Just over a year ago a new account was set up on Instagram. Titled @shameonwrist, the account proceeded to mercilessly mock, in many a resourceful and amusing manner, all comers to the watch industry, revealing a penchant for trashing Hublot, TAG Heuer and Anil Arjandas, a maker of bejewelled bracelets for men.
In that time Shame On Wrist has accumulated 30,000 followers, no mean feat for an anonymous account posting occasionally. More notable is the following Shame On Wrist has in the watch industry. Employees of the very same watchmakers, blogs and auction houses being ridiculed are also followers of the page. And privately, many industry insiders commend the truth in Shame On Wrist’s crass humour, at least until they become the target.
Over the summer your correspondent was in Geneva (for work, as it is a certainty that no one takes a summer vacation in the placid city, except for visitors from the blistering Arabian Gulf), having a coffee at a hipster-esque café on a fine, typically serene Geneva day. At the adjacent table, as it turned out, were a pair of watch brand employees being heavily amused by the latest Shame On Wrist Instagram post.
The question then becomes, why is Shame On Wrist a success?
The answer, in all likelihood, is that the emperor has no clothes. But more importantly, it also reveals truths about the watch media and consumers.
For all the technical brilliance helpfully elevated by marketing puffery, the luxury watch business is one that is burdened by overcapacity, while clinging to the past (or heritage if you’re a watchmaker) and suffering from scant fresh talent. For the last decade and a half the watch industry got away with it, because cheerful economic sentiment left allowed consumers to buy without asking too many questions, leaving turnover to grow at double digits every year.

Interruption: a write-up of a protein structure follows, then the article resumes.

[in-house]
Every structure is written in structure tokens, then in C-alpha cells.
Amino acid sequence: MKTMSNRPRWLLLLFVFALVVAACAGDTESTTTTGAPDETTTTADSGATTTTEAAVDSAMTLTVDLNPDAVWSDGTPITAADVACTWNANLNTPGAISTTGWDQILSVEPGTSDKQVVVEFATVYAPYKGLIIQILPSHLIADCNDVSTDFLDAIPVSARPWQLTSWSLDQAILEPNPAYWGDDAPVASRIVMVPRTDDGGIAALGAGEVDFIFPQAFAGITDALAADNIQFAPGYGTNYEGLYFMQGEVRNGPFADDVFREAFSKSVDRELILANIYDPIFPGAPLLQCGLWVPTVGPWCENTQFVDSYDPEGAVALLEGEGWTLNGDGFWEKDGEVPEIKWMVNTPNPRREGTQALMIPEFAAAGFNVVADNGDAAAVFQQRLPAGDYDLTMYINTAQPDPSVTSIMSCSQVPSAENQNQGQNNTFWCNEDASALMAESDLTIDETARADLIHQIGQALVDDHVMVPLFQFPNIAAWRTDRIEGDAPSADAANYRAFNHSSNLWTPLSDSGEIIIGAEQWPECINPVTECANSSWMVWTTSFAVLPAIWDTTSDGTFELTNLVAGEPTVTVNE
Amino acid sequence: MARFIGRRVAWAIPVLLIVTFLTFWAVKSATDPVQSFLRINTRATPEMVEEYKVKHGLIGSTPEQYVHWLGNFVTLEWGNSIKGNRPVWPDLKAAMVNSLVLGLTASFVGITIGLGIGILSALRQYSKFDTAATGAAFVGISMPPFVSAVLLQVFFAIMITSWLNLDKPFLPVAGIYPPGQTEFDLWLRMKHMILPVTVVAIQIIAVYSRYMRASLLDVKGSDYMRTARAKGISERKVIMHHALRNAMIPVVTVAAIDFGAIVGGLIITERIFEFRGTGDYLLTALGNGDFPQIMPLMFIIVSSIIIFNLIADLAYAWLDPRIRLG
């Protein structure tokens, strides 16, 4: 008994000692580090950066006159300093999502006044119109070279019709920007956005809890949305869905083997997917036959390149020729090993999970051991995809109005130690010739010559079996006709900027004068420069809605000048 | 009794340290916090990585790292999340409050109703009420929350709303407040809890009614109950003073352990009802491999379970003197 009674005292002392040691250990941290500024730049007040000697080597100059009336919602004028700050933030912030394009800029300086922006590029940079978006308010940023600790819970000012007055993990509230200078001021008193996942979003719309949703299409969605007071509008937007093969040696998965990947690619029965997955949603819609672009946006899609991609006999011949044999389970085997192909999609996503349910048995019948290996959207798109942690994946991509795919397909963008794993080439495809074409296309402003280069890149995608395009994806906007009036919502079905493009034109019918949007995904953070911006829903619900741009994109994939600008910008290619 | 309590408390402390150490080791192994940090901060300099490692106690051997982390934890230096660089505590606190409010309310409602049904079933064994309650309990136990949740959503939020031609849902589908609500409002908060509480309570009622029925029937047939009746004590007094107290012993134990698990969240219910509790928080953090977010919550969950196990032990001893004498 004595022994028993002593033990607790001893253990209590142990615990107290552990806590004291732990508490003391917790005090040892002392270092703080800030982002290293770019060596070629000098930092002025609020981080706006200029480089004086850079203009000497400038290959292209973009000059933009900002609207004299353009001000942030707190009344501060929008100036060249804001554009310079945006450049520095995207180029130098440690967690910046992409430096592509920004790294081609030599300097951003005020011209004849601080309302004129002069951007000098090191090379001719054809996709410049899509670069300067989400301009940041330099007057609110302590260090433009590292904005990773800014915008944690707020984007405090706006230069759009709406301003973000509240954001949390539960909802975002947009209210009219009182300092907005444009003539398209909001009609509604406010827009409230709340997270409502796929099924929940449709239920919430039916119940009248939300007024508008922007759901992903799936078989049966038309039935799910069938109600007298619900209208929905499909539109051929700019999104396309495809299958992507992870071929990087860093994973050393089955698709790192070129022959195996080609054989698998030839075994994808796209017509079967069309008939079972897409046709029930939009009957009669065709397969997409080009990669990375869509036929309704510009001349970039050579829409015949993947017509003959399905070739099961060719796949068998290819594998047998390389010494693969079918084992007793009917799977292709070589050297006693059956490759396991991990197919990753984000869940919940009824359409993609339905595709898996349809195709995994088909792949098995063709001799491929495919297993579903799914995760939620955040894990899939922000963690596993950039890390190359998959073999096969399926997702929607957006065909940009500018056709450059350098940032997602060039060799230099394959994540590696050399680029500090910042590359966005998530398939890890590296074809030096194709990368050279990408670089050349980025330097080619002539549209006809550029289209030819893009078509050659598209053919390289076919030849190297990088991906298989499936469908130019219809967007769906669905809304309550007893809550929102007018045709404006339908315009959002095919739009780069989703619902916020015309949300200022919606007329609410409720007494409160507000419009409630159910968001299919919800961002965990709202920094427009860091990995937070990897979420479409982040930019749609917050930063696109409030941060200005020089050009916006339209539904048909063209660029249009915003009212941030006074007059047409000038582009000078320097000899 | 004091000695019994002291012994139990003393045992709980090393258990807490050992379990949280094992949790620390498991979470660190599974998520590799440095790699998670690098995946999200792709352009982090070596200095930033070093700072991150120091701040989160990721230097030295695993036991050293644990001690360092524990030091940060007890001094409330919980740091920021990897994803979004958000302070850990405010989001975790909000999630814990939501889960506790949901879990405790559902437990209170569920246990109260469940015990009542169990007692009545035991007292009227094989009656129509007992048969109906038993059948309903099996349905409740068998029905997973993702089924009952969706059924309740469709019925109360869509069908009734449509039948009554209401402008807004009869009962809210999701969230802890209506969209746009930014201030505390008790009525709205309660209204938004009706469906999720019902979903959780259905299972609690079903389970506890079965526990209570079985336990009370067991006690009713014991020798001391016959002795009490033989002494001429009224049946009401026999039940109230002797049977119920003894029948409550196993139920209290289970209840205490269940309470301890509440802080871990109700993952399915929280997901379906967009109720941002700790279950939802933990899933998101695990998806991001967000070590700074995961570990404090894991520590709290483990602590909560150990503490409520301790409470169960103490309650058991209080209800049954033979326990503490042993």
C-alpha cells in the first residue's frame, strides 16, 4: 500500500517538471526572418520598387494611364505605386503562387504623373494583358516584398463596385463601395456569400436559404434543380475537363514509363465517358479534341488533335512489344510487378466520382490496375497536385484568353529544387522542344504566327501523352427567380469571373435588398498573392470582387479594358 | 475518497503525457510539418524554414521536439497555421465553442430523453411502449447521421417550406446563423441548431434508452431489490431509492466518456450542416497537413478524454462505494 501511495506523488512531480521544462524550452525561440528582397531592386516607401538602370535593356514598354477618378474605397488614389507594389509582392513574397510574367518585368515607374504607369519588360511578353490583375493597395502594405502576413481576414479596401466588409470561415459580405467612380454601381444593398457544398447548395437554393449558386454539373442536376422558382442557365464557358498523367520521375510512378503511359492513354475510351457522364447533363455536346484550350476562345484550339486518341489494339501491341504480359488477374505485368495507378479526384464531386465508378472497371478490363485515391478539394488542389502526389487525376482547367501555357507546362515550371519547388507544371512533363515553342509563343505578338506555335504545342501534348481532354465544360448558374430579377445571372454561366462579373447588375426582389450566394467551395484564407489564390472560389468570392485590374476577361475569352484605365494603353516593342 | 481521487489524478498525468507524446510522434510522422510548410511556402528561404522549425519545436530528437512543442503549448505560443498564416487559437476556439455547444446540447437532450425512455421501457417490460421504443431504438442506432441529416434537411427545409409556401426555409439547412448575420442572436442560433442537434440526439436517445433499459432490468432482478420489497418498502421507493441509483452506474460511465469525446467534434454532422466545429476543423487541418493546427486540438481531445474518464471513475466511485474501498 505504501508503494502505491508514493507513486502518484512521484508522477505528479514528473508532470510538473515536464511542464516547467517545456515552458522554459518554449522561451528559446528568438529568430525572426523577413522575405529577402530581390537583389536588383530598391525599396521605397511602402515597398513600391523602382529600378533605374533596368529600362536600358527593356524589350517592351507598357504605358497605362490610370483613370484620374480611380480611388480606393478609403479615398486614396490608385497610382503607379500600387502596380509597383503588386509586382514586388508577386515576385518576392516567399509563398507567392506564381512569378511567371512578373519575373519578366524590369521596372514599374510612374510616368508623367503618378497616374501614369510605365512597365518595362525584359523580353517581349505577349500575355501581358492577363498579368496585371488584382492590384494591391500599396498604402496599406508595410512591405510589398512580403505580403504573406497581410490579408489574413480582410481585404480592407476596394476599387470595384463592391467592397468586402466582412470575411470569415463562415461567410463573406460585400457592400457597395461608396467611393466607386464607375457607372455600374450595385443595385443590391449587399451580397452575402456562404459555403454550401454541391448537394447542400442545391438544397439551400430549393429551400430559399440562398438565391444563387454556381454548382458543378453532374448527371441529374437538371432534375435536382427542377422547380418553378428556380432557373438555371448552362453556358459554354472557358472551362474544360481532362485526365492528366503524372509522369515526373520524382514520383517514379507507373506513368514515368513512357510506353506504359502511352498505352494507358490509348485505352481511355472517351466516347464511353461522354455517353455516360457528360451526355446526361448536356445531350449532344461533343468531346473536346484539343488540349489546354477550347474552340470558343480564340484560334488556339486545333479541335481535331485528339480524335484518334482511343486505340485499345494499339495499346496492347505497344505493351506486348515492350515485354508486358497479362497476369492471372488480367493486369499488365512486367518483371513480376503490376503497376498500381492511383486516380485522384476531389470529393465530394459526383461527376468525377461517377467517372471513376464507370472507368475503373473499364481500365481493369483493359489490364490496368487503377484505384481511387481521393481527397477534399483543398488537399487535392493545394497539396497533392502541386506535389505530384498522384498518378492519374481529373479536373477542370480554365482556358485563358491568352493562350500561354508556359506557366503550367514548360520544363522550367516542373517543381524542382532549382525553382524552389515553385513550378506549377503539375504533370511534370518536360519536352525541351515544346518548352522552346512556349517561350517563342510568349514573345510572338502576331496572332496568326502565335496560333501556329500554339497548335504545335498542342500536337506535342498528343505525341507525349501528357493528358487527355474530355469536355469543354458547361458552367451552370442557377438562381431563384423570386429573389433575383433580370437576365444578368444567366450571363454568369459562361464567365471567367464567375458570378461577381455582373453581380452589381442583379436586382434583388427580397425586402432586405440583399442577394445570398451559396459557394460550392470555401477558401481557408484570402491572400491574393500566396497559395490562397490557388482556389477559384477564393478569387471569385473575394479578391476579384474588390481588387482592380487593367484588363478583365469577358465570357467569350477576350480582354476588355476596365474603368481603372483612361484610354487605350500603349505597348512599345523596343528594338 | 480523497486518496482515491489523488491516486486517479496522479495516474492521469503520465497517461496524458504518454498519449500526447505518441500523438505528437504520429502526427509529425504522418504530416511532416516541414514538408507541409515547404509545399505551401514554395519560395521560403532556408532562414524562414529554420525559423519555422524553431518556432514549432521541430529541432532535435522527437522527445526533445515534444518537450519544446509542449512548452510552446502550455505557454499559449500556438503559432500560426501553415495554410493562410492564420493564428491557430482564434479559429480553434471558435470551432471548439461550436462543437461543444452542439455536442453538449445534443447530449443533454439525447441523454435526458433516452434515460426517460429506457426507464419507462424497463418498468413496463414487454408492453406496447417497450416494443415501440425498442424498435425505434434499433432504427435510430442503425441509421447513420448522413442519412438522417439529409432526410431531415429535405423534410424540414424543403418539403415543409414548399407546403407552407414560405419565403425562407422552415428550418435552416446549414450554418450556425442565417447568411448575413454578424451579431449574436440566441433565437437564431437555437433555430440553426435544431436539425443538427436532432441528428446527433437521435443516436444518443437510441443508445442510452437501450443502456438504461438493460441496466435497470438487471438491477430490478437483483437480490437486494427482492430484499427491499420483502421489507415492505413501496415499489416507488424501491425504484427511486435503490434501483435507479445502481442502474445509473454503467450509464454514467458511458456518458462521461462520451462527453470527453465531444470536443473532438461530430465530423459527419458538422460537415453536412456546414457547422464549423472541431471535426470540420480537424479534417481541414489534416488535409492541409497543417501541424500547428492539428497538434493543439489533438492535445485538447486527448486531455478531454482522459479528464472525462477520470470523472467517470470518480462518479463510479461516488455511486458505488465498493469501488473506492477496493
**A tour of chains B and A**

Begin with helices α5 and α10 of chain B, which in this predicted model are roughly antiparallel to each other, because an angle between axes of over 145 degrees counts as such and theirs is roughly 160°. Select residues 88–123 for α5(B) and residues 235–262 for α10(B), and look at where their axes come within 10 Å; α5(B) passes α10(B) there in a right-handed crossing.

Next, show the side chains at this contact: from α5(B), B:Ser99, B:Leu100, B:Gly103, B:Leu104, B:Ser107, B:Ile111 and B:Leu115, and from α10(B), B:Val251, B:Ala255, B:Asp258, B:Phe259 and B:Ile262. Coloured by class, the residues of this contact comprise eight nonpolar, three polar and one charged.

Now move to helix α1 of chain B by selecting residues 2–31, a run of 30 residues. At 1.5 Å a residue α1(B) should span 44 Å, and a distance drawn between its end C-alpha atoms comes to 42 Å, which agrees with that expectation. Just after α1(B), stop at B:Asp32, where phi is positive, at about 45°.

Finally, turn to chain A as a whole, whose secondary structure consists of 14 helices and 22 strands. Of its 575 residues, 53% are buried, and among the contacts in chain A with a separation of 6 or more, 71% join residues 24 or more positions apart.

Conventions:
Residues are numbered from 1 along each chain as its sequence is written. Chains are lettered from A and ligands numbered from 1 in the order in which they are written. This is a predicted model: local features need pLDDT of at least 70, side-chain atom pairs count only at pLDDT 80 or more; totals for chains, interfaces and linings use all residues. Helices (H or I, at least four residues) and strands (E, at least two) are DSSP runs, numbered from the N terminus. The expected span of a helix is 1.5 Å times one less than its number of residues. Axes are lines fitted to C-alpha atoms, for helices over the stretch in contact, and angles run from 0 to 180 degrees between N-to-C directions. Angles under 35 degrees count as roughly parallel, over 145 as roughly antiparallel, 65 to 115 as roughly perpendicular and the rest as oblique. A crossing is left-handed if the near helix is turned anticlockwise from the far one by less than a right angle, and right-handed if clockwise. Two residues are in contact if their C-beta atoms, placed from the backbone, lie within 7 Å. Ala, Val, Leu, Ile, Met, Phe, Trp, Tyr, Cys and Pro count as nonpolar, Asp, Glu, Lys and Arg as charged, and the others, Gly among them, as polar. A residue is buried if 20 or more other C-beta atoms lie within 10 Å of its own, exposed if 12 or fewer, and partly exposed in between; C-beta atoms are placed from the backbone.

But that is not to say the watch industry is a wasteland. Flashes of brilliance do exist, streaking across the industry like a comet. The business has produced remarkable characters, immense talents who would have succeeded in any other field. Many have already passed on – Gunter Blumlein, Rolf Schnyder, Nicolas Hayek are some of the obvious names.
And many are still with us. Some of the most notable are entrepreneurs, like the charismatic and relentless Jean-Claude Biver, and he of few words but tremendous presence, Philippe Stern, who will one day be remembered by historians as a bona fide titan and remarkably timepiece collector. And amongst the independent watchmakers one finds men like François-Paul Journe and Maximilian Büsser, who manage to be both inventive and savvy at the same time.
But for every Biver and Büsser there are less accomplished brands that churn out less accomplished products, and there are a lot of them. That’s exacerbated by the preposterous ambitions of every other watchmaker – every next watch brand wants to produce wristwatches with tourbillon regulators and six figure prices.
And the watch buyer, as well as the watch industry, knows that, explaining the traction of Shame On Wrist.
That’s compounded by the fact that no one else tells it like it is. The watch media, which includes this very site it has to be said, is good at delivering news and solid stories, but is nonetheless tame. And the reason for that is simple: it is a business, with wages and rent to cover. Most media outlet depend on advertising revenue, which means keeping watch brands, not necessarily happy, but at least content.